By James DeRuvo (doddleNEWS)
So for the last year, I’ve really been into 3D printing. Got myself a Robo R1+ that I love and am currently testing out their next generation R2. The great thing about 3D printers is that if you need something and have a few hours to spare, you can print up just what you need and customize it as you want. And thanks to sites like MyMiniFactory and Thingiverse, you have plenty of filmmaking tools to choose from, easily searched by categories. Here’s a few 3d models for filmmakers that can come in handy:
If you’ve got a Blackmagic Pocket Cinema Camera, for instance, there’s a few really cool 3D models on Thingiverse you’re going to want to check out. First is an LCD hood. It couldn’t be easier to simply download and hit print. About an hour and a half later, you’ve got a hood you can attach a magnet to and then place it right on your BMPCC. Or maybe you want a cage to go along with it. Filled with about a dozen pieces to print, this cage even has a follow focus mechanism and rail guide. I’d forget about the 3d printed screws though. They look nice but can break really easily. A quick trip down to the Home Depot for some socket screws and you’ve got some really good industrial grade attachments that look like they belong. There’s also a very simple cable lock to protect those HDMI and USB cables from being accidentally pulled out. You’ll find similar models to breathe new life into your Canon 5D Mk. III or any other rig you happen to have.
Follow Focus Gears. Say your follow focus gear ring breaks. Sure, you can pay $35 to B&H and wait a few days for them to come in the mail, or you can just 3D print them. And get the exact size you need for the lens you’re using.
Grip Heads. Wouldn’t it be great if you could just 3D print the grip head and then use PVC to create a handy C stand for an on a budget project? I’ve been printing this 3D model and it looks like it fit like a glove, even with a budget light stand kit to create a C stand on the fly. From there, you can even create molds and craft dozens of them for the price of buying one.
Barn Doors. We’ve all created the work light kit when we were first starting out, and even cut our fingers on trying to create a metal barn door to screw to it. But if you’ve recently picked up a set of LED lights to cut back on the heat generated by the super bright halogen models, you can 3D print these barn doors and give your home brew kit a professional look. Comes with an attachment frame as well. But I wouldn’t use them on any high powered models that put out a lot of heat because they will probably warp.
Tripod Mount for Your mobile recorder. Having to attach a handheld recorder like a Zoom H4N to your cage can be a bit ungainly, especially with an external mic and shock mount, and maybe even a video light. So this handy Tripod sling will give you the room you need to keep your Zoom handy without fumbling around with it. The Sling slides onto your Tripod legs for a secure, yet easy to reach fit. There’s also this cool “hot shoe for Legs” tripod mount that gives you a similar attachment point for just about anything.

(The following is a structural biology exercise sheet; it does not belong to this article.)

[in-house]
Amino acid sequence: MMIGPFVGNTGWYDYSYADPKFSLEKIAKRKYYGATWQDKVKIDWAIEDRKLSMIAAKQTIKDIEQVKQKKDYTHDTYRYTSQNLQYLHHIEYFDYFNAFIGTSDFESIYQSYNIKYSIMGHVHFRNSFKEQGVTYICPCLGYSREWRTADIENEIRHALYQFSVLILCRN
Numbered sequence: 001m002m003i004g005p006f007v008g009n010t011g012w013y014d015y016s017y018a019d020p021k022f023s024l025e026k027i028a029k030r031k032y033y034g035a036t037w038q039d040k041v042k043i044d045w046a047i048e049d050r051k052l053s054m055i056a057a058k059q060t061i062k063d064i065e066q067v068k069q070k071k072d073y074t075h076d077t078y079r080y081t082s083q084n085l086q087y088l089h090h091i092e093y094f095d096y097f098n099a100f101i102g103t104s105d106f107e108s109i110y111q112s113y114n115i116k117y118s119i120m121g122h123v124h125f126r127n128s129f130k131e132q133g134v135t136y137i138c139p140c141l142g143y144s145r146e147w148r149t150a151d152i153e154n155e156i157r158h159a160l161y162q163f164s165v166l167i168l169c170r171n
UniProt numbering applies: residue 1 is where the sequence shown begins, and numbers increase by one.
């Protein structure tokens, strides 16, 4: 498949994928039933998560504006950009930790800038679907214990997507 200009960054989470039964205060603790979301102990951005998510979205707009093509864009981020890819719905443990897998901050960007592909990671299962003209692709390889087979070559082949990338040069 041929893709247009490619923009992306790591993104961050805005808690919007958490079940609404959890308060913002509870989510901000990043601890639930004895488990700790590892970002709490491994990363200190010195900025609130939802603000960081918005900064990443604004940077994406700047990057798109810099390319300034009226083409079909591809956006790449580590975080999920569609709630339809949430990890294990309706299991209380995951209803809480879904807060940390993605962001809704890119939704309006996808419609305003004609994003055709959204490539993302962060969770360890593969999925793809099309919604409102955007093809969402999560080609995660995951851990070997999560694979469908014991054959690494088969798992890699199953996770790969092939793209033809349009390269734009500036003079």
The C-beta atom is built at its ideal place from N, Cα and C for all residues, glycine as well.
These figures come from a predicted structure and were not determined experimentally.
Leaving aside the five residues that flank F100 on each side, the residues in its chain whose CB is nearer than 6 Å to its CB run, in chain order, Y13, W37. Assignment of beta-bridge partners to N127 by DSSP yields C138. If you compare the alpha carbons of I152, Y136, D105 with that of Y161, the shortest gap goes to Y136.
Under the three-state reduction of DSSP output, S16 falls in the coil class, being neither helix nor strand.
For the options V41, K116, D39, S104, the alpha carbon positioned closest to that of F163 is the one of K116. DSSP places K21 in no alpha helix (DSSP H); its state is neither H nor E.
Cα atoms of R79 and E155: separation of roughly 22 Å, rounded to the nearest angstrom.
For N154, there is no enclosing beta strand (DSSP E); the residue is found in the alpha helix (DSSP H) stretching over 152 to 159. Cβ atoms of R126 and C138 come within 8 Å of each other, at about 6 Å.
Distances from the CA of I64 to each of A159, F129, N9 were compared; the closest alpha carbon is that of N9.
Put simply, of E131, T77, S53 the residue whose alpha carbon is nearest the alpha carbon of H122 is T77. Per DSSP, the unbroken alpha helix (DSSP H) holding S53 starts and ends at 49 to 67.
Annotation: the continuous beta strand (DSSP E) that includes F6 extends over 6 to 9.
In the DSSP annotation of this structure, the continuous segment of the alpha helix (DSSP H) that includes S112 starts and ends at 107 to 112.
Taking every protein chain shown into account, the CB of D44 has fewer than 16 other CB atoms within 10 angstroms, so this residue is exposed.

Bongo Ties are a great thing to have in your camera bag, when you need to tie up your gear, but have easy access at a moment’s notice. But if you need some and can’t wait for the website to deliver them, why not 3D print your own and grab some large rubber bands to literally tie you over? And the great thing about this 3D model is that you can use any size rubber rand and secure everything from rods to extension cables.
There are dozens, maybe even hundreds more over at Thingiverse, and the same at My Mini Factory. All you need to do is a simple search on Google, or use the 3D model search engines like STLFinder. You’ll be able to find GoPro accessories, camera accessories, DSLR lens adapters, and more. You can even print lens covers or that tiny plastic cover for your hotshoe mount that you are always losing. Only your imagination is your limit.
And, if you find something close, but have to customize it, or if you can’t find exactly what you’re looking for and have to design your own, there are free tools to help you create them. TinkerCad.com is an online 3D modeling tool that you can import models from and adjust them to your liking. Or make your own models from basic shapes. I created a diffusion housing for several LED lights that I use including the Qudos and the LumeCube to take the harsh edge of that bright light.
Then, when you’re comfortable from there, you an graduate to Fusion 360 for more advanced tools and features. In minutes, you’ll have a design that you can print off and use as needed. But make sure you upload your designs to Thingiverse, My MiniFactory, or others to share with the rest of us!
This is the promise of 3D printers. Not just to create cool props like blasters, light sabers and costume pieces, but every day tools that you’d be lost without on set. So get printing!